Wednesday 24 June 2020

Easy Fabric Box Sewing Pattern - Free Tutorial!

I've been after some storage boxes for my Ikea Billy bookcase in my sewing room since the day we put it together, but after much searching I had no luck in finding the right size or style (and spoiler alert, I'm incredibly fussy...). I also wanted to use up some spare fabric I had from a recently reupholstered chair - ok, ok, I bought extra so everything would match... 

So I decided to make some fabric boxes, after a quick google I came across a bunch of tutorials and patterns to make different variations but they either used supplies I didn't have access to, or I couldn't make head nor tail of the instructions, or more importantly I then couldn't work out how to re-work the pattern to re-size them for the size I needed.

So, if you're looking for a really easy-peasy fabric box for storage, which keeps its shape, really sturdy and a simple way of making with minimal pieces to cut you've come to the right place! I've tried to make this particular box as simple as possible, so while there will be better patterns out there which will give you a super neat interior, here you have simplicity. You do have the option of adding bound edges to the interior but I have omitted that in several of my versions for speed (I mean, who has time for that really? Plus it's not noticeable once they're stuffed to the brim, which is a likely ending to this particular shove-it-all-in-until-it's-tidy project).

Example box shown measures approx; 13-1/2" wide x 9-1/2" deep x 8" tall.
To make one box to the dimensions above;

1m Exterior fabric (Liberty Emilia's Blooms B Augusta Linen)
1m Interior fabric (Essex Linen, Natural)
1 yard Bosal Craf-Tex Plus, or other heavyweight double-sided fusible stabiliser
Clover Jumbo Wonder Clips
Gutermann Textile Fabric Glue
Optional: 1m Iron-on Interfacing, Firm

From exterior fabric;
Cut (1) Piece A = 25" x 14"
Cut (2) Piece B = 10-1/2" x 8"

From interior fabric;
Cut (1) Piece A = 25" x 14"
Cut (2) Piece B = 10-1/2" x 8"

From heavyweight fusible Stabiliser;
Cut (2) Piece A = 9" x 13"
Cut (2) Piece B = 9-1/2" x 7"

Use a 1/2" seam allowance.
If your fabrics are particularly lightweight you may want to use some medium or firm-weight fusible interfacing to strengthen up your fabrics, before you begin (my example shown used interfacing on exterior pieces).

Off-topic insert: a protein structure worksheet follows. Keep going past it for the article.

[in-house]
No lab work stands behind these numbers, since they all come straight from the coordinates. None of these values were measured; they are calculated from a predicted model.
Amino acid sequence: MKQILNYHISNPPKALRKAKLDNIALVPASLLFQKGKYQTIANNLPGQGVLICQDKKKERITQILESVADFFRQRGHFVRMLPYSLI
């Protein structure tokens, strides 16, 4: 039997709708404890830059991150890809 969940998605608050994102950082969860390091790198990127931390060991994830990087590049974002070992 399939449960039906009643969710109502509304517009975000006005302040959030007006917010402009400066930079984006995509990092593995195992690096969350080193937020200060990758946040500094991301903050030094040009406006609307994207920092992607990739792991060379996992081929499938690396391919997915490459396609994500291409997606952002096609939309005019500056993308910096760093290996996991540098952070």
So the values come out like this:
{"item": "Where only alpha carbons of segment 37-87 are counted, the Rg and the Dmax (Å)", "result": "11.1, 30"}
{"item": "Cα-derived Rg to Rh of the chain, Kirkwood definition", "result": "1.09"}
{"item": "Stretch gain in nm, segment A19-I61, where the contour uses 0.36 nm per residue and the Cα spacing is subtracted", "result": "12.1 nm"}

Step 1.
Fuse stabiliser between an exterior and interior side piece B. Repeat for both side piece B's. Set to one side.

Step 2.
Place exterior fabric piece A right sides down, place both stabiliser A pieces on top, 1/2" (approx) from the edges. Place the interior fabric piece A on top. Press well to fuse everything together.
Excuse my patched-together interfacing shown here, I didn't have one piece large enough!

Step 3. 
Fold piece A in half along (along the longer side) mark the centre point.

Step 4.
Measure to find the centre point of your side piece B's, mark the point. Place the two marked points together (right sides together). Sew the side piece B to the main piece A.

Step 5. 
Repeat the step above and sew the other side piece B to the main piece A. You will have something that resembles a cross shape now.

Step 6.
You can visualise how this comes together now, so begin sewing the sides together so you have all 4 sides joined. The Jumbo Clover Wonder Clips really work a treat for this part. Before you tackle sewing a side, you can carefully cut into the join of the fabric so it eases out the very corner (as shown in final photo).

Step 7.
At this point you can make your box look neater on the interior side by sewing 2" wide binding strips to the sides. I added it to the 4 vertical seams, but you can choose to omit this step or be cover even more of the raw seams.

Step 8. 
Work out how much binding length you need to finish the top edge of the box. Cut 2" wide strips and sew together in one continuous strip. Use Wonder Clips to position the binding strip right sides together to the exterior side of the box.

Step 9.
Leave a good length of binding tail loose before your starting point, about 7", sew around the edge carefully. This step can be quite tough depending on the box size, but the clips help and so does moving your sewing machine right off the edge of your table, I found you can hook the box round the machine so there is a little less wrangling!

Once you are about that same distance away from the start, stop sewing.

Find where the binding pieces meet, finger press. Pin and sew along the pressed line. Trim off the excess binding and finish sewing the binding to the box.

Step 10.
Fold the binding raw edge inside, and then fold down neatly to the interior side of the box. Use Wonder Clips to hold in place and glue down the edge to finish. Leave to dry with clips in place.

Measure Your Own Box
Work out the finished width, depth and height of the box you want to make.

Use the below as a guide for how big to cut your fabric pieces.

Box Height x 2 + Box Diameter - 1/2" = ?
width + 1/2" = ?
= Fabric Piece A

My example; 8x2=16 + 9.5-0.5=25
= 25 x 14 Fabric Piece A

Box Depth + 1" = ?
Box Height
= Fabric Piece B

My example; 9.5+1=10.5
= 10.5 x 8 Fabric Piece B

For the stabiliser pieces.
Piece A = Box Depth - 0.5 x Box Width - 0.5
Piece B = Box Depth x Box Height - 0.5

I'm up to 9 boxes so far, in 3 different sizes! Be sure to tag me (@messyjesse1 or the shop account @sewandquilt) on Instagram if you make some yourself, I would love to see your organised sewing spaces! Mine is well underway now ;-) I'll share some snaps once I'm finished.


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